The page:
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AGS Shows: Summer South Show - Wimborne 2014

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Started by: Jon Evans

Go to latest contribution by Margaret Young, 06 June 2014, 18:16. Go to bottom of this page.

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Contribution from Jon Evans 06 June 2014, 15:19top / bottom of page

Hi Everyone
Sorry it has taken so long to post these pictures - I have had a busy time since the show last weekend.  Normally the trip to Wimborne is a joy, crossing the New Forest in early morning sunshine; this year it was overcast and threatening to rain.  But the rain held off, we had sustained periods of sunshine, and the breeze was sufficiently low that we were able to do the show photography outside the fire escape from the hall, in the gentle shade of the building, but with much better light than inside the hall.  There remained enough breeze to be annoying with some of the more delicate plants, particularly the shrubs, and others with long thin stems, entailing a patient wait before the flowers were still enough for my normal small aperture, slow exposures.

Sideritis glacialis

The first plant I photographed after helping to judge the photography section was this interesting member of the Lamiaceae, closely related to Stachys.  As always with the first plant, I was checking my camera settings, and the best way of managing the lovely soft light.  With open sky behind me on both sides, there was very little strong shadow, unless the plant was right back against the background card, and I barely used a reflector or auxiliary lighting all day.

Sideritis glacialis
Viola skottsbergiana

My second plant was this rosulate viola exhibited by Martin and Anna Sheader, which attracted a lot of attention during staging.  Martin had already warned me that the pot topping was not terribly stable, so I was extremely careful with it, and didn't even try to tip the pot towards me on the photography table.  The topping material is volcanic pumice and cinders, though where Martin got it I don't know, but to all appearances it could equally well have been decaying asphalt, discovered while the road was being mended.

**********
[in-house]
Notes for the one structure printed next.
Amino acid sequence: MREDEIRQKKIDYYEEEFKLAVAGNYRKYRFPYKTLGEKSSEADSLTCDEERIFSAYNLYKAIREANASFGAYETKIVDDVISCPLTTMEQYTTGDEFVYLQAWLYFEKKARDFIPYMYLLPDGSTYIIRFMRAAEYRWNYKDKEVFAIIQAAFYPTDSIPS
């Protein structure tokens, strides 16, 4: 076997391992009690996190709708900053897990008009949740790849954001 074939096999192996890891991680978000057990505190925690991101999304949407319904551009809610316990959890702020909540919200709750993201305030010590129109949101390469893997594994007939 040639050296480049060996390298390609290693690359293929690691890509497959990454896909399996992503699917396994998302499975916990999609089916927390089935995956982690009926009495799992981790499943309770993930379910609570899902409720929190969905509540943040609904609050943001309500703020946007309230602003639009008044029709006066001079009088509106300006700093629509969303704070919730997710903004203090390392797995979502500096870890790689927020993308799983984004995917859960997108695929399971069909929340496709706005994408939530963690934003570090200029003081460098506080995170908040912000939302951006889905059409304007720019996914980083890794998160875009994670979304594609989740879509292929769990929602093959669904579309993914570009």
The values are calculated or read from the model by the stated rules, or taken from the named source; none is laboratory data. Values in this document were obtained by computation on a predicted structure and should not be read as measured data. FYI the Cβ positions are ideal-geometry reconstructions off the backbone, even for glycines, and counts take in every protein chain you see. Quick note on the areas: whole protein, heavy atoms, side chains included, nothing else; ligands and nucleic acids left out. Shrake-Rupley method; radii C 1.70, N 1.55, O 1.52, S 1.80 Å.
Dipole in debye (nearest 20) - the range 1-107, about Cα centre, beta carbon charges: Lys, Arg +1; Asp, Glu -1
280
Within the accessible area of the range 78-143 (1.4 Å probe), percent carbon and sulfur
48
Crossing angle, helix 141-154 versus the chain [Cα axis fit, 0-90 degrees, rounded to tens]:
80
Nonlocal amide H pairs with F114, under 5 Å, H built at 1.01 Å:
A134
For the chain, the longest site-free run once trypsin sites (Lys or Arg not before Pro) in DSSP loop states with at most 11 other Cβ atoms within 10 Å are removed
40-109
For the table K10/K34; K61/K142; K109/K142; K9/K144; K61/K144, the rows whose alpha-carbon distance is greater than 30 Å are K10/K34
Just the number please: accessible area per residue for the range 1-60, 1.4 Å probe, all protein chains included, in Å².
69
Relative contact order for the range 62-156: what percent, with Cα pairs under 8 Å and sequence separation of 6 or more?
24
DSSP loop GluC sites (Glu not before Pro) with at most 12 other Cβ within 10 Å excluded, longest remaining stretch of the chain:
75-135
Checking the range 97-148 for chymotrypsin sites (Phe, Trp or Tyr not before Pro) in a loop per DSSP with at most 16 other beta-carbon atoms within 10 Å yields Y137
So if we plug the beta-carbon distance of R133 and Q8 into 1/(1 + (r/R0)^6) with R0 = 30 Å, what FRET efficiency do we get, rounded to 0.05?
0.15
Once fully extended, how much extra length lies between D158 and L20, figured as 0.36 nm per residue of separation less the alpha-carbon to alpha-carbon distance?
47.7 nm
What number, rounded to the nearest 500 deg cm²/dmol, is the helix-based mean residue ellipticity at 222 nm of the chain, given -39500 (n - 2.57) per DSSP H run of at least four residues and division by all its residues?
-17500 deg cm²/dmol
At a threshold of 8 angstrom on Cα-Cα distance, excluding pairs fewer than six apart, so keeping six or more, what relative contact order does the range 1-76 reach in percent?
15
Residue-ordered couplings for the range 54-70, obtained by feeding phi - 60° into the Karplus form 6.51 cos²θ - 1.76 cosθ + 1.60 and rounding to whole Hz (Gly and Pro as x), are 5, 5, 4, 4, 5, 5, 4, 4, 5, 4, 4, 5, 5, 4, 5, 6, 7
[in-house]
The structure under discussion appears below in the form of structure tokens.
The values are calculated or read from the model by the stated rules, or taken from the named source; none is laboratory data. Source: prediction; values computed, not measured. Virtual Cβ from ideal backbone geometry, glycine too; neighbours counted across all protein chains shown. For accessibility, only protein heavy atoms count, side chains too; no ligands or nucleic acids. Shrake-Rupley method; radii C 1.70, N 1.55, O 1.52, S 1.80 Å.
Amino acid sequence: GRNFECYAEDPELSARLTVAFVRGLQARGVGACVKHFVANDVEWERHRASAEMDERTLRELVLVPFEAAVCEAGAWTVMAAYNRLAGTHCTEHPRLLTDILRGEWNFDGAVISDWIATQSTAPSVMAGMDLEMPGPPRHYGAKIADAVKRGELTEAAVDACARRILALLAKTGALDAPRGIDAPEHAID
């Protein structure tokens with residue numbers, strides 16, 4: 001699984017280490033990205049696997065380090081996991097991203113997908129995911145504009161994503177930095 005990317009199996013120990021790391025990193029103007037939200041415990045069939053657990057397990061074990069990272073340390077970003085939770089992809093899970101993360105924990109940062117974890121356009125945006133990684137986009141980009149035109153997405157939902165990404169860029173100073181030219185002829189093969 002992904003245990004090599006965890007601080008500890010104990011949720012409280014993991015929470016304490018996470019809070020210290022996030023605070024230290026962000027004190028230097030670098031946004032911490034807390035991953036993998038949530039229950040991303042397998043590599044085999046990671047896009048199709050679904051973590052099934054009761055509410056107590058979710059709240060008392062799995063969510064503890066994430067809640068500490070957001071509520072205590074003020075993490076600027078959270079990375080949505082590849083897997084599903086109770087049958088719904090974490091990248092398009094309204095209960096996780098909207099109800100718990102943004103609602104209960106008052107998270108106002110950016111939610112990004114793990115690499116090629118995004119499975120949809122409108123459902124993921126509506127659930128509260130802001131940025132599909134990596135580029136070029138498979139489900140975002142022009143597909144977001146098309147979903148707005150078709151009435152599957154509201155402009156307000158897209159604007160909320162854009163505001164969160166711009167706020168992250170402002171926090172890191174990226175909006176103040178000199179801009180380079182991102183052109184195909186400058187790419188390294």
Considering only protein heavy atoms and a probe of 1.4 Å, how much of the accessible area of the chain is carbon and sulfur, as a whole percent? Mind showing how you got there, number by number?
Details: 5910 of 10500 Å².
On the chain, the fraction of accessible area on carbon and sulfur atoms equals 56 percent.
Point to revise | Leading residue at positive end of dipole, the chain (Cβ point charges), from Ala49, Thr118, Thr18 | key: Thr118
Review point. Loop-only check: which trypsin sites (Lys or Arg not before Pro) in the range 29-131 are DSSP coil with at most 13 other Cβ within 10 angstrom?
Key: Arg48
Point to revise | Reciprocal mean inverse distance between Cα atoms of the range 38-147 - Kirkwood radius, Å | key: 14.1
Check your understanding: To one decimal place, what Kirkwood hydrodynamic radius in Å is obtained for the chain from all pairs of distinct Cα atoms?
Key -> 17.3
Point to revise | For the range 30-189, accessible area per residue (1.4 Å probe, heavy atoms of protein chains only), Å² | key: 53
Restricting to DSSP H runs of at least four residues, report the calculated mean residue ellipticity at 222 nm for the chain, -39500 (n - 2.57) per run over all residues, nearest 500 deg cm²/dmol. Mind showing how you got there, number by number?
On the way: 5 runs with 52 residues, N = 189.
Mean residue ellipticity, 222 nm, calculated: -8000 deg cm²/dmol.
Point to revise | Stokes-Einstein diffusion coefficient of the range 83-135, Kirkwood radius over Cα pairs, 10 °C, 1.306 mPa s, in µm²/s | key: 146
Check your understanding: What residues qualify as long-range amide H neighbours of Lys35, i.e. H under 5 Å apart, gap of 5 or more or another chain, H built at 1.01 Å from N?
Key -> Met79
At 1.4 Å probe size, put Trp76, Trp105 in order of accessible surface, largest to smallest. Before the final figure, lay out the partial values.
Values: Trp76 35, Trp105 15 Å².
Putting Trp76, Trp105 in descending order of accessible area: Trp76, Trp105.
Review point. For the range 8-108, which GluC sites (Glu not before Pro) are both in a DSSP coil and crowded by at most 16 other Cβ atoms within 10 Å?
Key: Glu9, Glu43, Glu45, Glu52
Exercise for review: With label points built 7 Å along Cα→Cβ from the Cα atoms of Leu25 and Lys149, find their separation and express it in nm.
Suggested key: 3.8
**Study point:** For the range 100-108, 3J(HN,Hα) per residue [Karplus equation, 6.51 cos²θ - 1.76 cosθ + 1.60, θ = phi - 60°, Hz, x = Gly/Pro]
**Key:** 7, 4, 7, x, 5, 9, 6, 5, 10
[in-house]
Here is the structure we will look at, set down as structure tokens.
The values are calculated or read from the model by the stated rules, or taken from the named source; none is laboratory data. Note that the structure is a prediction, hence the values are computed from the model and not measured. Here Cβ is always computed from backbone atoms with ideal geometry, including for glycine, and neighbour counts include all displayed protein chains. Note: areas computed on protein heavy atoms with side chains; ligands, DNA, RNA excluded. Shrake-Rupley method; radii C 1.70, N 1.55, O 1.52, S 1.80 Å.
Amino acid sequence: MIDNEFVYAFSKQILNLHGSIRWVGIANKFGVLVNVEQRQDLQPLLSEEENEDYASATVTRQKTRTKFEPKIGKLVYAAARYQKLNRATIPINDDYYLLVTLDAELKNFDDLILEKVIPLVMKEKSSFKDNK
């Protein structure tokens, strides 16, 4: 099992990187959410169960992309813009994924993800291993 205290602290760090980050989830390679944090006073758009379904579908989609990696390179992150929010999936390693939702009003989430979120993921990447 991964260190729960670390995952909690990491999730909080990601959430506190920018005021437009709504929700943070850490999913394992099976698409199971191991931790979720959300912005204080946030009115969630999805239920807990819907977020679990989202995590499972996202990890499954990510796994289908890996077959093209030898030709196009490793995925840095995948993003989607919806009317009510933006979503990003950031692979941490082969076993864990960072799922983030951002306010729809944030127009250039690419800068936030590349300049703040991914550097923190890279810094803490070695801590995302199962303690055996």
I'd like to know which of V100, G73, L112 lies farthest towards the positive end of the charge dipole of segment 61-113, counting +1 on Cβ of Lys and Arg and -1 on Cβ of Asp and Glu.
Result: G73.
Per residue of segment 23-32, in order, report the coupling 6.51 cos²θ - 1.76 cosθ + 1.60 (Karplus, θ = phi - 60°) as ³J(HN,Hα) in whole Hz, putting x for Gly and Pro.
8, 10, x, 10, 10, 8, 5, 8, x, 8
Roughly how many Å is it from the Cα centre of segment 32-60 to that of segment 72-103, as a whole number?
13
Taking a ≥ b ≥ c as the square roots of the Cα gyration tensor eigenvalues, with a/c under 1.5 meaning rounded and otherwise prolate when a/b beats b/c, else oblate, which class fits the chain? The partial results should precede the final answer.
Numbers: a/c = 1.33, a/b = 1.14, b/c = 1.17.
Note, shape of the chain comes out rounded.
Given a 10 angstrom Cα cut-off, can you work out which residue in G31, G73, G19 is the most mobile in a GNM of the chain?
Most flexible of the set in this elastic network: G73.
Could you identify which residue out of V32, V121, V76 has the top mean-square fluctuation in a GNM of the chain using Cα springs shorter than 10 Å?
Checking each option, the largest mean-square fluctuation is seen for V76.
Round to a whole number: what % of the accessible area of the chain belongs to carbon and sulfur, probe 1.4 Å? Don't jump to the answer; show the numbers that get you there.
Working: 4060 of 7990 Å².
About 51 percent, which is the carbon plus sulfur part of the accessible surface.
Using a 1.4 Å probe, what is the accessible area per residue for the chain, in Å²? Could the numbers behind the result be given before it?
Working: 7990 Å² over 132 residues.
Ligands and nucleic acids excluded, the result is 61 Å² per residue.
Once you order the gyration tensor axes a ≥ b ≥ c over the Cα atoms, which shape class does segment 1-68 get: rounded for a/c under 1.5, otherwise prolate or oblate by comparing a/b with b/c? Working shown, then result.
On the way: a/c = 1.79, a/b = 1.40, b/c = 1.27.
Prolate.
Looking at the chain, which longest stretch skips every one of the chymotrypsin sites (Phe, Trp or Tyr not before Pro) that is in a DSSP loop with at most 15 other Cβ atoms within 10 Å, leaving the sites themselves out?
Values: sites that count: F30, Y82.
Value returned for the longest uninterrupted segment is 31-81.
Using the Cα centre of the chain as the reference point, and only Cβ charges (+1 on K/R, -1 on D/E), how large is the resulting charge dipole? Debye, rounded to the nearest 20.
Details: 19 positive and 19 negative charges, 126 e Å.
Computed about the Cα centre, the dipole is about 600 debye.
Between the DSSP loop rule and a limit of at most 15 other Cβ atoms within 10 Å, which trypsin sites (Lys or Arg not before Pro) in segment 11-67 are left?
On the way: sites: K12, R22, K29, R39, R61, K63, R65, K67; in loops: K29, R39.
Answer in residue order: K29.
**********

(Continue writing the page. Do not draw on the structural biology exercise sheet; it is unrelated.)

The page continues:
The whole plant was about 2 inches across, with two tiny viola flowers; the close up was the best I could do in the circumstances.  There were plenty more buds, so it is possible we will see it with more flowers open at the next show.

Viola skottsbergiana
Oxalis laciniata Miradores de Darwin

Also exhibited by Martin and Anna Sheader in the New and Rare classes was this form of Oxalis laciniata (not the same plant as the one we saw at earlier shows, and a slightly different pink).  The flower was fully open, so I took the opportunity to capture it properly.

Oxalis laciniata Miradores de Darwin
Sphaeralcea caespitosa

Another winner from the New and Rare classes was this American mallow from Graham Nicholls.

Sphaeralcea caespitosa
Leptospermum scoparium Nana

Anne Vale had two or three plants of this little Leptospermum on the benches, cuttings from one she exhibited here a few years previously.

Leptospermum scoparium Nana
Saxifraga longifolia

James Lintott from my local group in Woking brought two plants to put into the Novice section, and went home with the Downland Trophy for the best plant in the section - this elegant saxifrage.

Saxifraga longifolia
Petrocosmea cryptica

The John Blanchard Cup for the points aggregate in the Novice section went to Igor Bronstein.  I think his plants were mainly Petrocosmeas - certainly they included this attractive P. cryptica.

Petrocosmea cryptica
Hostas

The Wessex Trophy for the points aggregate in the Intermediate section went to Jackie Street.  Her plants included this 3-pan exhibit of hostas in the class for foliage effect.

Hostas
Saxifraga Southside Seedling

There isn't an award for the best plant in the Intermediate Section, but there is the New Forest Trophy for the best plant in the Novice or Intermediate Section from a member of the Hampshire or Dorset groups.  This went to Russell Beeson for Saxifraga Southside Seedling.

Saxifraga Southside Seedling
Ornithogalum dubium

Russell Beeson brought many other plants, including this pan of ornithogalum which will be familiar to regular visitors to the show.

Ornithogalum dubium

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